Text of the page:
The Trail of the Coeur d’Alenes winds through both history and beauty as is saunters and turns around the Gem State. Established as a trail and adopted as an Idaho State Park in the early 2000s, the Trail of the Coeur d’Alenes has a lengthy past. And now, what was once an old railroad to support the booming mining industry, has transformed into one of the longest continuously paved trails in the United States, spanning an impressive length of nearly 73 miles.
Silver and other heavy metals were discovered in the area around 1884. Dubbed ‘The Silver Valley,’ the land developed quickly to accommodate the growing industry. Alongside this expansion came a Union Pacific Railroad. But as many came to find out, mining was a huge environmental hazard and resulted in long-standing ecological issues within the area—one of which: lead poisoning.
After the mines closed down, the railroad lost its primary passenger (millions of pounds of heavy metals) and promptly shut down as well. It didn’t take long for people to begin to realize the harmful impacts that mining took on the surrounding land. And thus, the idea for the Trail of the Coeur d’Alenes came to fruition.
The Union Pacific Railroad, The U.S. Government, and the Coeur d’Alene Tribe members formulated a plan to transform the railway into a paved trail. The paving would trap whatever contamination that lie underneath and prevent it from spreading, while simultaneously creating an incredible expanse of Idaho outdoor recreation.
Leo Hennessy, one of the masterminds behind the trail, was a continuous advocate for its development, despite the litigations that carried on for years. “It truly is a world-class trail. It’s resurfaced on a regular basis, so it’s probably the smoothest trail you’ll ever ride. It goes through the historic city of Wallace, Idaho; along the shore of the Coeur d’Alene Lake, 20 miles of wetland area, an old steamboat town called Harrison, and connects two state parks, Heyburn and Coeur d’Alene’s Old Mission.”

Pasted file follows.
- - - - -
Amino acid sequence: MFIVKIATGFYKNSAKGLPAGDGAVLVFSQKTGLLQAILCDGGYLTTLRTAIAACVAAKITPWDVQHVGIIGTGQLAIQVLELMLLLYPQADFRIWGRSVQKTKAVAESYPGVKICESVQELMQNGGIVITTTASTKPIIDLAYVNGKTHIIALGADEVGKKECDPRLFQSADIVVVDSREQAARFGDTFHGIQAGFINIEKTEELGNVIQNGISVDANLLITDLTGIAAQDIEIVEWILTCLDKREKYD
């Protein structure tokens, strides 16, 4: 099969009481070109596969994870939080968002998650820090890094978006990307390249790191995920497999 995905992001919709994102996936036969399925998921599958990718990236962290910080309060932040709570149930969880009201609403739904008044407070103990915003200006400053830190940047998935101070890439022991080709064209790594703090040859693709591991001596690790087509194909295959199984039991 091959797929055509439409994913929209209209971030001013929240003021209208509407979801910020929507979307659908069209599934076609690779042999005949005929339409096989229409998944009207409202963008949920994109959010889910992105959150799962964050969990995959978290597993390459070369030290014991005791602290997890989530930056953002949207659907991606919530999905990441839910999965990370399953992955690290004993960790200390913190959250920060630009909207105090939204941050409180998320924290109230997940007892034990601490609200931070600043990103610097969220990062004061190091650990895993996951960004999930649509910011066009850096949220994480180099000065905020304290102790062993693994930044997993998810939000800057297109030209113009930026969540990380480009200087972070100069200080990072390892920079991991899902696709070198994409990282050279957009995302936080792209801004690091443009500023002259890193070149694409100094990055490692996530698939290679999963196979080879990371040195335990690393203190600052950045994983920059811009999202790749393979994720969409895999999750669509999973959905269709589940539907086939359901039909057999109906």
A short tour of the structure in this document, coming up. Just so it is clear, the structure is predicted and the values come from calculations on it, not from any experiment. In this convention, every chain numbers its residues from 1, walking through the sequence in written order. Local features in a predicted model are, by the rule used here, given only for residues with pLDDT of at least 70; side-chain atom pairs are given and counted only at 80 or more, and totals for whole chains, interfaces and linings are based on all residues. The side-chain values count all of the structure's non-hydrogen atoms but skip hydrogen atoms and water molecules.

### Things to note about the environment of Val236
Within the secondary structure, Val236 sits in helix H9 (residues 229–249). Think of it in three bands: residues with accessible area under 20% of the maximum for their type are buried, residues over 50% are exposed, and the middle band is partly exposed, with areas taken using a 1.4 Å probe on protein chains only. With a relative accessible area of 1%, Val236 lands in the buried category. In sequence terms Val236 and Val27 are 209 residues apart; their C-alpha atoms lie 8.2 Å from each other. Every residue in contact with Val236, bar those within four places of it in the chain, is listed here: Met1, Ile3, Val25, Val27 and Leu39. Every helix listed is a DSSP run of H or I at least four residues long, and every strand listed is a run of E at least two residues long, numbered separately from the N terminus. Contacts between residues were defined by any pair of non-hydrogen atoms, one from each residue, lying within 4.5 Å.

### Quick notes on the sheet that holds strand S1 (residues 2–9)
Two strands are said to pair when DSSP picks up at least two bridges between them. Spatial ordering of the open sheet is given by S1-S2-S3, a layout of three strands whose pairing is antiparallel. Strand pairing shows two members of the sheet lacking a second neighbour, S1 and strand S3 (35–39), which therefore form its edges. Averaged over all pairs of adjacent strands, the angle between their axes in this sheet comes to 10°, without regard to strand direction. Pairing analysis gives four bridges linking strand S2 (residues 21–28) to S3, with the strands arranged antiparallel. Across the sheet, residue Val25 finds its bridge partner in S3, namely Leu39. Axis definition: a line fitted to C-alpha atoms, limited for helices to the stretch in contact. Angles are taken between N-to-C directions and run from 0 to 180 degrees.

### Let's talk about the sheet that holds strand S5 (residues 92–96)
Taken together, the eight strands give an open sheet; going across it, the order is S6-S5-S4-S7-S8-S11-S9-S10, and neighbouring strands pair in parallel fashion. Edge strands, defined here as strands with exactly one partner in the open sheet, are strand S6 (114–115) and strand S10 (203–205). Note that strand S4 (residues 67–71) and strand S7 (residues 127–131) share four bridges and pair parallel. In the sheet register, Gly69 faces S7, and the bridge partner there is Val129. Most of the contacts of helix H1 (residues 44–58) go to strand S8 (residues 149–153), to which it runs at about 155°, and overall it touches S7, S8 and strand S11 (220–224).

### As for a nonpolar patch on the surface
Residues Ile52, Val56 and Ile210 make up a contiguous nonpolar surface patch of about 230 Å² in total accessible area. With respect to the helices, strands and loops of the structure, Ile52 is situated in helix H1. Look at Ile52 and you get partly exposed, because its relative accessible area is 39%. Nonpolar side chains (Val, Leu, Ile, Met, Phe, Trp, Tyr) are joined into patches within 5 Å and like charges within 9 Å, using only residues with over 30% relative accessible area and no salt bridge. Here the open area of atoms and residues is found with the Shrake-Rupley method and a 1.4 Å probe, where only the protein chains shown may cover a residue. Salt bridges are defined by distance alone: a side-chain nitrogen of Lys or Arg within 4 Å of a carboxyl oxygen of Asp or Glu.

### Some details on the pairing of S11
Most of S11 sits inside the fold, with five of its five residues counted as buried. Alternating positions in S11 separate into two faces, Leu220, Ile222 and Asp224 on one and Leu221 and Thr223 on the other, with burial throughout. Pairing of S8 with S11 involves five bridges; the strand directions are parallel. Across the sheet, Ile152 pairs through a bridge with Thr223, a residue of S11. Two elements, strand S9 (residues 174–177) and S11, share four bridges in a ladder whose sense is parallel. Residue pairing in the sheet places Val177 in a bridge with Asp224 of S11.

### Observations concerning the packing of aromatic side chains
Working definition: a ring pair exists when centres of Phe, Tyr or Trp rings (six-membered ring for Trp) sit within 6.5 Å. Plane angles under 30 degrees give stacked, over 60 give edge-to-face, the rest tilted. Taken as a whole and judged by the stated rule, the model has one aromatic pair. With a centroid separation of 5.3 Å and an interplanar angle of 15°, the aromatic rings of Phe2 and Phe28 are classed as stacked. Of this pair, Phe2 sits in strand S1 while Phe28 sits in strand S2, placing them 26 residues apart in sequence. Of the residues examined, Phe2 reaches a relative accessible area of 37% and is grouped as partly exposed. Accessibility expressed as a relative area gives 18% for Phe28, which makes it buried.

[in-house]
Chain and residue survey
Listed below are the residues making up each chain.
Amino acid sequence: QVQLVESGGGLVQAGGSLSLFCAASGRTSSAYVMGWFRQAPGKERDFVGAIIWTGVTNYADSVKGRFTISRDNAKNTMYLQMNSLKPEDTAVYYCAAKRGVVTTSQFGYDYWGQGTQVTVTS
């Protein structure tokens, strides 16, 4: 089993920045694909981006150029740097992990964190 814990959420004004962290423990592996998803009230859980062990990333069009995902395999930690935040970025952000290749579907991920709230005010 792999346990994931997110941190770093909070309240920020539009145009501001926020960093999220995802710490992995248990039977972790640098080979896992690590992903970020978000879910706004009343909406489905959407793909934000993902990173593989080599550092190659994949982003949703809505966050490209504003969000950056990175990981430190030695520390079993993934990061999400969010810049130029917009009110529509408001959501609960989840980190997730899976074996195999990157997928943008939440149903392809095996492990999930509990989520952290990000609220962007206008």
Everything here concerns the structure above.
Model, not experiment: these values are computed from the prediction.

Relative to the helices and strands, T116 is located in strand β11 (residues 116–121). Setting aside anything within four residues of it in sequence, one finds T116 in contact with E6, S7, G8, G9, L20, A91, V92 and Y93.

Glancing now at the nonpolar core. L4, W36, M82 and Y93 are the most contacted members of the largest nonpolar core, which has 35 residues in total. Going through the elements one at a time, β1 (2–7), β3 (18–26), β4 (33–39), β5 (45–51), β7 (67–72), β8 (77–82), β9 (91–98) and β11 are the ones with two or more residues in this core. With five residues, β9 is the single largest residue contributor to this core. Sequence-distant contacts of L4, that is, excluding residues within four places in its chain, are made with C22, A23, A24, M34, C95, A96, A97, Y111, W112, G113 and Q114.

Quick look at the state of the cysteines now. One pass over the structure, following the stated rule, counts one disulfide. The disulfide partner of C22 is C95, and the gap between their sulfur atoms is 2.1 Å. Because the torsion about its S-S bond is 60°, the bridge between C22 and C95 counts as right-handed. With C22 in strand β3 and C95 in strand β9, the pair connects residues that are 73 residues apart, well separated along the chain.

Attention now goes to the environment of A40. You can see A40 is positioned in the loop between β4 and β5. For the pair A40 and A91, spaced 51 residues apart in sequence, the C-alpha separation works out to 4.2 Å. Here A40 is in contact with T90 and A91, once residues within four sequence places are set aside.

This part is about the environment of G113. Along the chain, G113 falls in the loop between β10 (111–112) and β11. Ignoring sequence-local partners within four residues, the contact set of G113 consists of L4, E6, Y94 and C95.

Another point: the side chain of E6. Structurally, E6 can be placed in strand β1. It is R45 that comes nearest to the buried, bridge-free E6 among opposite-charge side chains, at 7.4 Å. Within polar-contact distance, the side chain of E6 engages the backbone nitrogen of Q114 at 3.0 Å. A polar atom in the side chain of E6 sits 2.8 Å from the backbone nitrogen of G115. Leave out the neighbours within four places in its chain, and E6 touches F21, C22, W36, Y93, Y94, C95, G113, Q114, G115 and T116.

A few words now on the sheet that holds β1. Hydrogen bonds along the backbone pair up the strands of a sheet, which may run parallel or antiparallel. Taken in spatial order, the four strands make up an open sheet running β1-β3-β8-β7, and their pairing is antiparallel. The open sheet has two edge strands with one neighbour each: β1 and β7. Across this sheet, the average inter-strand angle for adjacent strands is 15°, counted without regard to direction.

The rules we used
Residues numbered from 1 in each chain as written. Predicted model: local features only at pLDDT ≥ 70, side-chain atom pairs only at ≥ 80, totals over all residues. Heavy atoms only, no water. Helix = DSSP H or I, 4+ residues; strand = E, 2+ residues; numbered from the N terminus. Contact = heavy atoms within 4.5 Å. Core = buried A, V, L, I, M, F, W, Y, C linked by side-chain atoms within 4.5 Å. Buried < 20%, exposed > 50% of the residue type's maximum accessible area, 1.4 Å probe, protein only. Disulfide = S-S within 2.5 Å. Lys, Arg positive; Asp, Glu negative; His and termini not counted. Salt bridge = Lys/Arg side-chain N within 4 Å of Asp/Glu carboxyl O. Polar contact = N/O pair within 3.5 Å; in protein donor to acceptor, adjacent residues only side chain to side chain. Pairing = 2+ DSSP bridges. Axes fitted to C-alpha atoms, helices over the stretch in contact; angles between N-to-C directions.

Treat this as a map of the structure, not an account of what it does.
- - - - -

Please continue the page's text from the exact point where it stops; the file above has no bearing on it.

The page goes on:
Tips & Stops
The entire length of the trail spans from Mullan, Idaho (near the Montana border) to Plummer, Idaho (a prairie town near the Washington border). At 73 miles, it is completely possible to cover the entire length of the trail in one day. At the average leisurely pace of 15 mph, it would likely take you under five hours, plus stops.
But there are options if you want to extend your trek.
A trip down the scenic Trail of the Coeur d'Alenes
*Note: There is no camping along the trail, but there are various campsites nearby, including several in Idaho State Parks.
Heyburn State Park
A short distance away from Plummer, Idaho is the oldest park in the Pacific Northwest and Idaho’s first state park. Various camping options available, plus who could resist those flowerfilled meadows.
Old Mission State Park
Within the Old Mission State Park lives the oldest standing building in Idaho—The Mission of the Sacred Heart, constructed between 1850 and 1853. Visit the Sacred Encounters Exhibit and immerse yourself in the historic artifacts.
Kingston 5 Ranch Bed and Breakfast
Just 25 miles passed Mullan, Idaho is the Kingston 5 Ranch Bed and Breakfast. If you are heading from Plummer, the B&B is about 2/3 of the way to the end and the perfect stop along your route for some comfy lodging and tasty homemade food.
Pine Meadows, Latour Creek, Backwater Bay, Pinecreek
Meander through the forest and meadows and follow alongside the Coeur d’Alene River. There’s no shortages of stops to take on this trail but this stretch between Cataldo and Smelterville is absolutely stunning. You’ll definitely want to slow your pace as you move along the tree-lined rivers.
There are seemingly endless expanses of stops and sight-seeing to be had on the Trail of the Coeur d’Alenes. Whether it’s a race to the end or a leisurely trek across the panhandle, Idaho never ceases to amaze.